The Drive

Who are the people driving change in our communities? What can be learned from their experiences? The Drive is a podcast about personal stories on the road to leadership.

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Thursday, December 13, 2018

Cassandra Pye: Confidence And The High Road

Cassandra Pye’s passion for politics lead her to a successful and fulfilling career as a Republican strategist. But she hasn’t always been seen as an equal by her peers in the white-male-dominated field of politics.

Andrew Nixon / Capital Public Radio

Cassandra Pye is a prominent political strategist in the Sacramento area.

Andrew Nixon / Capital Public Radio

Cassandra Pye is a prominent political strategist in the Sacramento area. She has represented large trade associations and served as Deputy Chief of Staff for former Gov. Arnold Schwarzenegger. Pye talks about the challenges of breaking into the male-dominated world of politics, and whether it was ‘nature’ or ‘nurture’ that made her into the leader she is today.

Interview Highlights

You’ve had a pretty fascinating career, can you tell me about that?

I’ve been in a room with decision makers primarily, and for better or worse, many of the decision makers certainly early in my career and even to this day were and are white men. Self-esteem certainly got me through it.

As an African-American and then as an African-American female growing up in the community I grew up in, we are taught you’ve got to work twice as hard, you’ve got to be twice as good. And what I would add to the mix, now that I know, is that you’ve got to be twice as prepared. That happens on the natural; I didn’t have to give myself that speech. I just knew that was the case.

Your dad is a Democrat, and you’re a Republican. What is that like for you?

First of all, I am a patriot. And I believe in democracy and I believe in the process. And I'm a big fan of our founding fathers, for all their flaws. I think they set us up to do something that can work if we all engage. I believe that. I don't care how you vote. You can vote green, red, blue, or purple. I don’t care, just engage in the process. It’s so important. It's so vital. And we pass the baton on peacefully. In most cases, thankfully no one gets hurt or shot as we transfer power. It is done thoughtfully and with pageantry. And I just think it’s the coolest thing. What we have in this country is something very special.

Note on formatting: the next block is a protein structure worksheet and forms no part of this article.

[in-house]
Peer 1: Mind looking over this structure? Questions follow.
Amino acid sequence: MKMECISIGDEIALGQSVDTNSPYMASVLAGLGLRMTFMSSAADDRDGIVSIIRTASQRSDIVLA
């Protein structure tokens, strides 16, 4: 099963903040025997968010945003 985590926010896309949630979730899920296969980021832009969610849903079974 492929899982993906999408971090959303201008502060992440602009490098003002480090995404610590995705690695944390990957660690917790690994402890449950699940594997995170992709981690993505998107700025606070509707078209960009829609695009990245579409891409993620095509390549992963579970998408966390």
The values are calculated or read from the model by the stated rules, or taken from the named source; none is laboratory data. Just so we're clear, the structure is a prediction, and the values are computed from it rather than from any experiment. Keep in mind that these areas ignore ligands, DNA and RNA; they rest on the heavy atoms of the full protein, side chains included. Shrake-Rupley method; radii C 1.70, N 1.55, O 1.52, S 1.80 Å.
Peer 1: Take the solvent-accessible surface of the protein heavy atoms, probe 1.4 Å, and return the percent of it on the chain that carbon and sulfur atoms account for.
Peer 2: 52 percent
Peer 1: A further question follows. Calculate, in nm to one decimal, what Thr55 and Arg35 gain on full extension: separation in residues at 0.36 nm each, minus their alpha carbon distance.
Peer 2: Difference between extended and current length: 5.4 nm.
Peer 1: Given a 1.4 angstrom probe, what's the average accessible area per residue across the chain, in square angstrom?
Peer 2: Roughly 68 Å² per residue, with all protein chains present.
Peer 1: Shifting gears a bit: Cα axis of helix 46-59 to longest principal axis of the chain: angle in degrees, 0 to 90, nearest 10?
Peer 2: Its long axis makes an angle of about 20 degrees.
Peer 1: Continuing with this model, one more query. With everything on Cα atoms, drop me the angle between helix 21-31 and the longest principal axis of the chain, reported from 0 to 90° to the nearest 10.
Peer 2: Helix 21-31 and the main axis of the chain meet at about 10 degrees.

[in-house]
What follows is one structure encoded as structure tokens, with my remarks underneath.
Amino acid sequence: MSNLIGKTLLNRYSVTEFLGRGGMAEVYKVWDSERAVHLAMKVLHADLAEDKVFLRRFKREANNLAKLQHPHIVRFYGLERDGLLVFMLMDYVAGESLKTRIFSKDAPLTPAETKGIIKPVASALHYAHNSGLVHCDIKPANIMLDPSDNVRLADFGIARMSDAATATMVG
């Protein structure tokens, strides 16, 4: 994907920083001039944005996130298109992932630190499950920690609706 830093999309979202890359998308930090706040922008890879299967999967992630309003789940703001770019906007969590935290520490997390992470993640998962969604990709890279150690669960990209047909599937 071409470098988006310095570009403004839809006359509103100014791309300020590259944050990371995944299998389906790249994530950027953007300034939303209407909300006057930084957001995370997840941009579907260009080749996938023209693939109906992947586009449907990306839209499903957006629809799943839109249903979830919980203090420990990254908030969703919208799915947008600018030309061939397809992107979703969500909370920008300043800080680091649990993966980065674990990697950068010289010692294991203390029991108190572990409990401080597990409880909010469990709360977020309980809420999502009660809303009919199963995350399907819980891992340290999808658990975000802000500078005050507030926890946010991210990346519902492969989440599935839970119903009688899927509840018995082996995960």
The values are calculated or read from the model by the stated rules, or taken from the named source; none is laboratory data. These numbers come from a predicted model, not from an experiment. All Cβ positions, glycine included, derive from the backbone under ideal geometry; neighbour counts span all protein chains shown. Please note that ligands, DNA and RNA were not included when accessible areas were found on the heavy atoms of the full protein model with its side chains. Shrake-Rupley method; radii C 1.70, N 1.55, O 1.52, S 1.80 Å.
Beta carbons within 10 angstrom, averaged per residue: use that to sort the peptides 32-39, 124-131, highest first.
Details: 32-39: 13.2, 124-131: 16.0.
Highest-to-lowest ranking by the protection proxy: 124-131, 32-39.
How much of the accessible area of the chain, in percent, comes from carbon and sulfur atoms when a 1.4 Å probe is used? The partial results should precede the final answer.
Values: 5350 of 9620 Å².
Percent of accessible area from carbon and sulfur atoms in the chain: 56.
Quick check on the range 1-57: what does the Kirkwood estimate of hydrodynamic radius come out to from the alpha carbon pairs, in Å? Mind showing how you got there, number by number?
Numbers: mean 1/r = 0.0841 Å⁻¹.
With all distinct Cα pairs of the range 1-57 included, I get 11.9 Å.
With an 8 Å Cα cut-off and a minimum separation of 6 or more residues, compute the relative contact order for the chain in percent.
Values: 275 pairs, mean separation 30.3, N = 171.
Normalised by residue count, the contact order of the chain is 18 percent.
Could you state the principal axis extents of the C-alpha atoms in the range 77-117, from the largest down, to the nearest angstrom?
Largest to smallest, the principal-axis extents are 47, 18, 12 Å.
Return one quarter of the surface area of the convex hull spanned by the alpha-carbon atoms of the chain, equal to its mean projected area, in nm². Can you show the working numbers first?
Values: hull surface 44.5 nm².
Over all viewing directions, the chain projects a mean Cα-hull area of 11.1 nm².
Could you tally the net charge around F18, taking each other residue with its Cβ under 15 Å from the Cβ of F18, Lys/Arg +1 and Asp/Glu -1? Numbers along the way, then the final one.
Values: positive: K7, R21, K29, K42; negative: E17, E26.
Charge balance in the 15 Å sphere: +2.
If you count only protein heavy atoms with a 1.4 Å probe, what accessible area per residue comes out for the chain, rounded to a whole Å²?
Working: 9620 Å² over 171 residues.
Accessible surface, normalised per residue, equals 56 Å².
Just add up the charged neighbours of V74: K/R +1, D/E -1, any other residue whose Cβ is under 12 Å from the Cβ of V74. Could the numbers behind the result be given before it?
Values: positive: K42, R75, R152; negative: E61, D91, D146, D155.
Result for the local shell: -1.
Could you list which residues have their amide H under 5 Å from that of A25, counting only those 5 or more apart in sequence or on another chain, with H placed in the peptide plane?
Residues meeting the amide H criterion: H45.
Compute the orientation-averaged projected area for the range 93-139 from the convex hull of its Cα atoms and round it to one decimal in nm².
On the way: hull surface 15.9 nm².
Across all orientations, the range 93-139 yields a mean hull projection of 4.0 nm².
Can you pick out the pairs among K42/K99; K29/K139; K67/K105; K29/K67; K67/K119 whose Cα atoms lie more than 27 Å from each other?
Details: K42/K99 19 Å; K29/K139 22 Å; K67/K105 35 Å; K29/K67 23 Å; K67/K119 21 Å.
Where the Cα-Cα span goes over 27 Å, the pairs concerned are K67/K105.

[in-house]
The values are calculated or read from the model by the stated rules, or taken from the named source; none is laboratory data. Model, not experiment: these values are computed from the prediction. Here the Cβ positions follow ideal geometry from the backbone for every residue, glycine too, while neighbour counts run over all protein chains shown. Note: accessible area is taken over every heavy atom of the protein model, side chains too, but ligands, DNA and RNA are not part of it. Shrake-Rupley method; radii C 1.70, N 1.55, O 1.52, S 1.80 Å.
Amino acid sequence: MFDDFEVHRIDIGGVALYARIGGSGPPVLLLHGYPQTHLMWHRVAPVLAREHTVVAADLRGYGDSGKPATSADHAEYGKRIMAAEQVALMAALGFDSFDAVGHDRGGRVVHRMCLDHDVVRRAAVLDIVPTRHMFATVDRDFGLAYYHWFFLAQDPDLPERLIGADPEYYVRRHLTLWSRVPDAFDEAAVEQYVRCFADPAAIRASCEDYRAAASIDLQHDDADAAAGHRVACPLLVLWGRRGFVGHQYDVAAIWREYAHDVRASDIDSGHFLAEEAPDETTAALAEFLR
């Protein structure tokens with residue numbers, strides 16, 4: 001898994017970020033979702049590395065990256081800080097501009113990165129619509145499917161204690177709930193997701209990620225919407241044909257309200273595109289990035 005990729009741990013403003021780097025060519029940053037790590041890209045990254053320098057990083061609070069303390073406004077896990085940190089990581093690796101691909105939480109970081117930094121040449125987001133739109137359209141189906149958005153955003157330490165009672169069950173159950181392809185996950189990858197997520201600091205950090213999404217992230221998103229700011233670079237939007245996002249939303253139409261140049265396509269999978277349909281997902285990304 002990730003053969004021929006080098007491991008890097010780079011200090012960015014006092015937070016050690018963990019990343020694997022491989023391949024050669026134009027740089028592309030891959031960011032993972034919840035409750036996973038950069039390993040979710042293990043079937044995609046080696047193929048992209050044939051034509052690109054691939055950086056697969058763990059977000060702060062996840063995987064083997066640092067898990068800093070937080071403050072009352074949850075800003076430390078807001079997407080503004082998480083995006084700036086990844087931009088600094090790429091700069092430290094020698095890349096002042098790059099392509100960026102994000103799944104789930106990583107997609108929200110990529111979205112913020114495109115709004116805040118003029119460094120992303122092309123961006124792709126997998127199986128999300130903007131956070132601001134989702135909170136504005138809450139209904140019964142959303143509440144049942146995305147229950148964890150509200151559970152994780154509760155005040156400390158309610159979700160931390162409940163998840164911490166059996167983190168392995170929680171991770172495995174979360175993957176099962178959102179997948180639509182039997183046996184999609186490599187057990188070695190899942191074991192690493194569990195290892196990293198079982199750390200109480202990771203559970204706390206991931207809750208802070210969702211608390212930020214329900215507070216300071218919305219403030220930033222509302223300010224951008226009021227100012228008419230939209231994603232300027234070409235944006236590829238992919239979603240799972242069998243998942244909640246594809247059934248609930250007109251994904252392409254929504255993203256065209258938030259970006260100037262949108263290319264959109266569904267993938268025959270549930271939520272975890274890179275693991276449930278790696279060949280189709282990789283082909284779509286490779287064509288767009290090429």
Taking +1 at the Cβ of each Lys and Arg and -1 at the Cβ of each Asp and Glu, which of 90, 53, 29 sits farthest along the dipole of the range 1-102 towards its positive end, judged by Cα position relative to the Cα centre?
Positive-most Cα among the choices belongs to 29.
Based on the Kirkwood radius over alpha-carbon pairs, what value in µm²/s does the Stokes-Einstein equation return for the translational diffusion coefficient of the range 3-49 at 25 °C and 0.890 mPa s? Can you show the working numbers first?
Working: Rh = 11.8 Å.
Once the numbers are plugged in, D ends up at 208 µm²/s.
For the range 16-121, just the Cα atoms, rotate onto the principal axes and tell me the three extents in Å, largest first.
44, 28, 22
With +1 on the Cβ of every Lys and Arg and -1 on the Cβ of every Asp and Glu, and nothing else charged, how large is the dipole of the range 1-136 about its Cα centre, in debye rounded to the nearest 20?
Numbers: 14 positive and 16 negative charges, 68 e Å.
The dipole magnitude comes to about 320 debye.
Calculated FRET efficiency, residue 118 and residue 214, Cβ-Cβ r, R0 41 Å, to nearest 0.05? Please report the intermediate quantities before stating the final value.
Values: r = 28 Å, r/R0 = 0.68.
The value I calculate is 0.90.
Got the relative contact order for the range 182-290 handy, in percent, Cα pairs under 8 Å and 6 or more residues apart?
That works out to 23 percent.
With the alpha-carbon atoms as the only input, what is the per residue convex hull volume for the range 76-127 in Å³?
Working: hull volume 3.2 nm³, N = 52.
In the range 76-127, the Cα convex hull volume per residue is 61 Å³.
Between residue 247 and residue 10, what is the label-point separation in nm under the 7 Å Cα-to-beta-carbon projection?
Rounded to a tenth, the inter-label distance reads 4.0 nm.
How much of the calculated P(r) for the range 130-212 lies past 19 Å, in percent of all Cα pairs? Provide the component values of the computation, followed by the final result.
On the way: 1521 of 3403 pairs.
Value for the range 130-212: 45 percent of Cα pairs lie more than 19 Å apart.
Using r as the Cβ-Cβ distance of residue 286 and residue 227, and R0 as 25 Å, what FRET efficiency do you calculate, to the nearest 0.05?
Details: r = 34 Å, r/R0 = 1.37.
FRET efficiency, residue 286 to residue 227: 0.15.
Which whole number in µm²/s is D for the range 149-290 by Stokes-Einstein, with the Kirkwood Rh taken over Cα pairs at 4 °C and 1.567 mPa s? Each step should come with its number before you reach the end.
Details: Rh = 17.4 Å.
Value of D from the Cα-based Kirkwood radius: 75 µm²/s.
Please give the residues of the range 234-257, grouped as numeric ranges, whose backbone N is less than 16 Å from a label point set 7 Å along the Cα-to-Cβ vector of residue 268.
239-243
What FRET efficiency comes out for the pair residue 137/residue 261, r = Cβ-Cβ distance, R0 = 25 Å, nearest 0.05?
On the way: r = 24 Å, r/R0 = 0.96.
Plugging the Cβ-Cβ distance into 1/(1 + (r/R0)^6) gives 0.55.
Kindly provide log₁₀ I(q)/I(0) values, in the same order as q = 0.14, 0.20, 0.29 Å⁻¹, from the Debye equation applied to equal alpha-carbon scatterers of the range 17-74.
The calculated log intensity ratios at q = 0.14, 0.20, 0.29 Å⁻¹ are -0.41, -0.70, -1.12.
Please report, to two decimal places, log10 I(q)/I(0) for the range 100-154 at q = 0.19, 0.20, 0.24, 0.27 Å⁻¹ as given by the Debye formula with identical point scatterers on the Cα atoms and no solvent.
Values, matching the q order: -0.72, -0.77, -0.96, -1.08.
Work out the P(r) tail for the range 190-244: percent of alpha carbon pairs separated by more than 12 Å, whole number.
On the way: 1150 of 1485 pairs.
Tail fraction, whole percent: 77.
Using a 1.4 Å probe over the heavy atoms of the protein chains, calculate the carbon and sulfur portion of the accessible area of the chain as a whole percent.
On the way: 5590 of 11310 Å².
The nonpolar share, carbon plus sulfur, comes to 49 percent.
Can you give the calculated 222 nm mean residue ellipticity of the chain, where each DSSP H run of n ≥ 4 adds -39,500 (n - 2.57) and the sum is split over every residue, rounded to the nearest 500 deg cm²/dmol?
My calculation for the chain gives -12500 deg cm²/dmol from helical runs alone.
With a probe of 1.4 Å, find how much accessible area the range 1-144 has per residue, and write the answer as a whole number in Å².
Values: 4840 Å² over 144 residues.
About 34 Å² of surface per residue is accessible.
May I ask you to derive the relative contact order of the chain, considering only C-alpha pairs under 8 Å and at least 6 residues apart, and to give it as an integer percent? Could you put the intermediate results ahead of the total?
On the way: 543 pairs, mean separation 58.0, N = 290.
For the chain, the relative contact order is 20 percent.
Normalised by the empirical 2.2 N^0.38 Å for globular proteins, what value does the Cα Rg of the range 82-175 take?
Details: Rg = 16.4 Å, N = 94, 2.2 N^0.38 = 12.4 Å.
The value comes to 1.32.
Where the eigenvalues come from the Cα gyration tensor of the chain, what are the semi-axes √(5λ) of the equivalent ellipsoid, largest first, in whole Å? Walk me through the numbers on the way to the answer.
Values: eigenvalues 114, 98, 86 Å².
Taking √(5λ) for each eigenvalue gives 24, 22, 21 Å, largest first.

So, you have four black boys and we live in Trump’s America right now and things are scary...

It’s not even just Trump’s America, we live in America. Donald Trump’s not responsible for the heritage of slavery, Jim Crow laws, and conditional use permits that kept African-Americans unable to buy housing and therefore create wealth. Or the G.I. Bill which left an entire generation of Americans, African-Americans, out. [It] allowed for a generation Americas to create wealth and left an entire segment off the table. So, I don’t blame Donald Trump for that. We have a long history in this country of simply not being fair to everyone who lives here and everyone who has participated in building it. Again I am a fan of the founding fathers, but they were certainly flawed men too.

I was actually in the studio with Beth Ruyak for the four-month anniversary of the shooting of Stephon Clark. We talked a lot about having four African American sons in this country, in this state, in this city. If I were not a woman of faith, it would be a really hard road to navigate most days. But I check all the boxes. I still text or call. To check and remind them about where to put their wallets when they’re driving, where to put their hands-- on the steering wheel. If they’re approached by police officers, how to speak and address police officers…. When the boys are all in town and hanging out in Midtown, there’s not a moment when the four leave together, or three, or two, or just one, that it doesn't cross my mind that I might not see them again... because they're black.